Forty years on, how Billie Jean King led the revolution that propelled women to greater equality
The road to fairer prize money and a higher profile began in a London hotel room back in 1973
A meeting of players in London exactly 40 years ago tomorrow was never going to be on the same page as some of the other momentous events of 1973 – a year when a ceasefire ended the involvement of American ground troops in Vietnam, when the Chilean president Salvador Allende was overthrown and when Britain joined what became the European Union – but there has never been a more significant date in women's tennis.
After more than a decade fighting for a better deal for her fellow female players, Billie Jean King called more than 40 of the world's top women to a meeting at the Gloucester Hotel just days before the start of Wimbledon. They voted unanimously to form the Women's Tennis Association, which has changed the game for ever.
Today the world's leading women compete in 33 countries for more than $100m in prize money. Maria Sharapova is the world's best-paid female athlete, with annual earnings estimated at $29m (about £18.5m), while Serena Williams and Victoria Azarenka last year became the first women to pocket more than $7m (£4.5m) in prize money in a season.
In the early 1970s, however, tennis had a very different landscape. After the sport had gone "open" in 1968, professional players had been welcomed back into the mainstream and tournaments started to pay prize money, but the pot for women was often a fifth of what the men earned, or even less.
When the Pacific Southwest Champ-ionships in Los Angeles announced in 1970 that their men's and women's champions would receive $12,500 (£8,000) and $1,500 (£960) respectively, the impetus for change grew stronger.
In the same year a group who became known as the "Original Nine" – King, Rosie Casals, Nancy Richey, Kerry Melville, Peaches Bartkowicz, Kristy Pigeon, Judy Dalton, Valerie Ziegenfuss and Julie Heldman – risked the wrath of the tennis establishment by signing $1 contracts to compete in a women's event in Houston sponsored by a cigarette brand, Virginia Slims.
The Virginia Slims circuit quickly took off, but King knew that the players still needed their own association. "We just wanted a situation where any player in the world, if she was good enough, would have a place to play and make a living and be recognised and appreciated," King said.
Three years later King brought the players together at London's Gloucester Hotel. The media thought the women were planning to join that summer's boycott of Wimbledon by many leading men after the banning of Niki Pilic for not playing in the Davis Cup. King, however, had been told that the men were not interested in their support. She also realised that a Wimbledon without the leading men could provide a showcase for the women's game, particularly if they had just formed their own association.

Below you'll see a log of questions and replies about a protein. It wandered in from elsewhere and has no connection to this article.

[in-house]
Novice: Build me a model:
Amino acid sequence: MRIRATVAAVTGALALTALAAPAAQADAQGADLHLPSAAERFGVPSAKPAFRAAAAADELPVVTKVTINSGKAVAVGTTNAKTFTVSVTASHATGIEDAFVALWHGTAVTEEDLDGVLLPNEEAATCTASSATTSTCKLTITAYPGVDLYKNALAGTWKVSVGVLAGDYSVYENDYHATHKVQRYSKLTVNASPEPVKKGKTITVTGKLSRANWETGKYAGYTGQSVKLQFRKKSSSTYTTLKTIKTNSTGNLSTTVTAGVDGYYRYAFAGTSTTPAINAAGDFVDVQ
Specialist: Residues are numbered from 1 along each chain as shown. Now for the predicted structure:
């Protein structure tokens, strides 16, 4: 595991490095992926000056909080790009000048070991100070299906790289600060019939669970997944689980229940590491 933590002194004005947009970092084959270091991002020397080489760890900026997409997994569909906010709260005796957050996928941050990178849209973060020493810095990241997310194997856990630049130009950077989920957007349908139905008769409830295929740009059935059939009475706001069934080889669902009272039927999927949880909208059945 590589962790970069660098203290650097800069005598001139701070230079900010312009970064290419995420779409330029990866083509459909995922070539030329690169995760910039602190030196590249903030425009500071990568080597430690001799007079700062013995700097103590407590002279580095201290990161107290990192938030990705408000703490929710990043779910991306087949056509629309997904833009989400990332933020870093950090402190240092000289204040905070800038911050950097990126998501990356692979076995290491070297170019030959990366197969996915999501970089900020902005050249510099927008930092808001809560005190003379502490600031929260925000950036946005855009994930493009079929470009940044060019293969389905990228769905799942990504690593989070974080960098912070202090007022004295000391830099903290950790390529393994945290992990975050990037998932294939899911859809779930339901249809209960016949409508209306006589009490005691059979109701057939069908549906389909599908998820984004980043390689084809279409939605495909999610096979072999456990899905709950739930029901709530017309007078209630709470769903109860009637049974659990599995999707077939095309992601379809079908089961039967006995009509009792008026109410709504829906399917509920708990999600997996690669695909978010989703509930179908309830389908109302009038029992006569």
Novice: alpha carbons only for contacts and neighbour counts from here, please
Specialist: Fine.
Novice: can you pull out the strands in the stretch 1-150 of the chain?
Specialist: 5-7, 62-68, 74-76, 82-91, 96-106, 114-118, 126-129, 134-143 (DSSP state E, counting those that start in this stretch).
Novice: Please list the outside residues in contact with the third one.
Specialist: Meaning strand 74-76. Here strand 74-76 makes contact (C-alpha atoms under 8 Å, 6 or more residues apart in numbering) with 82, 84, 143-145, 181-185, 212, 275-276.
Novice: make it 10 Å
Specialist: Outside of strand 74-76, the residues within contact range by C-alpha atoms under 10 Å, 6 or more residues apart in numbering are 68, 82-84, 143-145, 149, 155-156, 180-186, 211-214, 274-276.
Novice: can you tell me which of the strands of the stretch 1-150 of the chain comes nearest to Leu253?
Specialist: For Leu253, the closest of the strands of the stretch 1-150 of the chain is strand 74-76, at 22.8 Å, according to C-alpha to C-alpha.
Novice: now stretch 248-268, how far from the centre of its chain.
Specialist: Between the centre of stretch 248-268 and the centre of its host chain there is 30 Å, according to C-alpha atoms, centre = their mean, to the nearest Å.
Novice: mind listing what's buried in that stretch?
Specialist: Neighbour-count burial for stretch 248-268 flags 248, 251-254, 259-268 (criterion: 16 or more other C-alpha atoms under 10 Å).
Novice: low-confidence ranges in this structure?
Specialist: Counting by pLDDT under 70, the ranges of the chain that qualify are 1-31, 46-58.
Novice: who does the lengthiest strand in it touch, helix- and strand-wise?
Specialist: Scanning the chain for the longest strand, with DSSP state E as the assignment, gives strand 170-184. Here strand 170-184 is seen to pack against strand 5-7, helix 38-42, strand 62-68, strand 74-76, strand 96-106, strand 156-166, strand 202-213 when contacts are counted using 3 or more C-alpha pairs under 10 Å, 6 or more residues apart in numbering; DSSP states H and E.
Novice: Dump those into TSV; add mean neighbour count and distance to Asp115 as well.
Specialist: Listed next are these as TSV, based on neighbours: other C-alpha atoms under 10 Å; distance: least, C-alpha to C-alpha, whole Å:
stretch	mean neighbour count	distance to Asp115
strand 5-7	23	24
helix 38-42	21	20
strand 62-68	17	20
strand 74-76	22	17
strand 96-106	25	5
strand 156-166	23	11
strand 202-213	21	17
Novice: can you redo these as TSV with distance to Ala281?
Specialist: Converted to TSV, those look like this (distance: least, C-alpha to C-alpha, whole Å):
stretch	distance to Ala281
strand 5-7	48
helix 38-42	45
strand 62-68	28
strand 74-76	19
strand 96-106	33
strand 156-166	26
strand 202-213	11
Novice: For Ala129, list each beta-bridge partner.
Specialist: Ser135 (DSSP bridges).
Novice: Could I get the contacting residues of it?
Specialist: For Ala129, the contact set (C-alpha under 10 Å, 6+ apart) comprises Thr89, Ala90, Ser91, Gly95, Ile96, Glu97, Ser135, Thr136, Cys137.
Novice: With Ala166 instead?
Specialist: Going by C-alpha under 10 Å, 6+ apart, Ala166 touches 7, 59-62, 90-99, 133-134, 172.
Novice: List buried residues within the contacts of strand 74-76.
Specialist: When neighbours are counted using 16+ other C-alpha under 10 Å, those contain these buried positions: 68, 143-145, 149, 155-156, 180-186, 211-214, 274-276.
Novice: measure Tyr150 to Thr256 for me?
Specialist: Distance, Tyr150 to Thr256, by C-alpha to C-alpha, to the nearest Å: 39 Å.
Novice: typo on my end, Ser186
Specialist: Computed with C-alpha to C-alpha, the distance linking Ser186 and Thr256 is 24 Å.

The French player Françoise Durr, who was to become the WTA's secretary, recalled: "Sitting in that room at the Gloucester Hotel, I felt like we were going to make history. Well, we hoped that was what we were going to do, but we couldn't be sure. So we locked the door and we said we would not leave until we'd created an association of some kind. Some of the women were more nervous than others. But my good friend Betty Stove, who was very tall, stood guard – and nobody left. Of course Billie Jean was the main force behind it all, but Rosie Casals was right there and me too."
King told the meeting that if they failed to form the association it would be her "last breath" on an issue which had left her drained. After lively debate there was unanimous agreement. King had had legal documents prepared which all the players signed. From the start the leading women were heavily involved in the running of the association; King was elected president and Virginia Wade vice-president.
"I'm glad we held our nerve because when more people come together it only makes your position stronger," Durr said. "Afterwards I remember feeling a real sense of achievement. When you are on the court, you have to take things into your own hands – you are playing for yourself. But after taking the decision to create the WTA as a group, we were very happy. The men were making more money and it was time to show what we could do too."
King, who will be a special guest of the All England Club this year, believes that tennis has played a major part in the fight for women's rights in all walks of life. "We're visible," she said. "We have the most exposure of any sport. In tennis you see strong women, you see beautiful women, you see accomplished women."
When the WTA stage their pre-Wimbledon party at a celebrity-packed gathering in London tomorrow, glasses will no doubt be raised to King and her fellow pioneers. Stacey Allaster, the WTA's chairman and chief executive, said they remain an inspiration today. "Generation after generation, the tour has been graced by young women who've embodied the passion and steely determination of the trail-blazers, on court and off," Allaster said.
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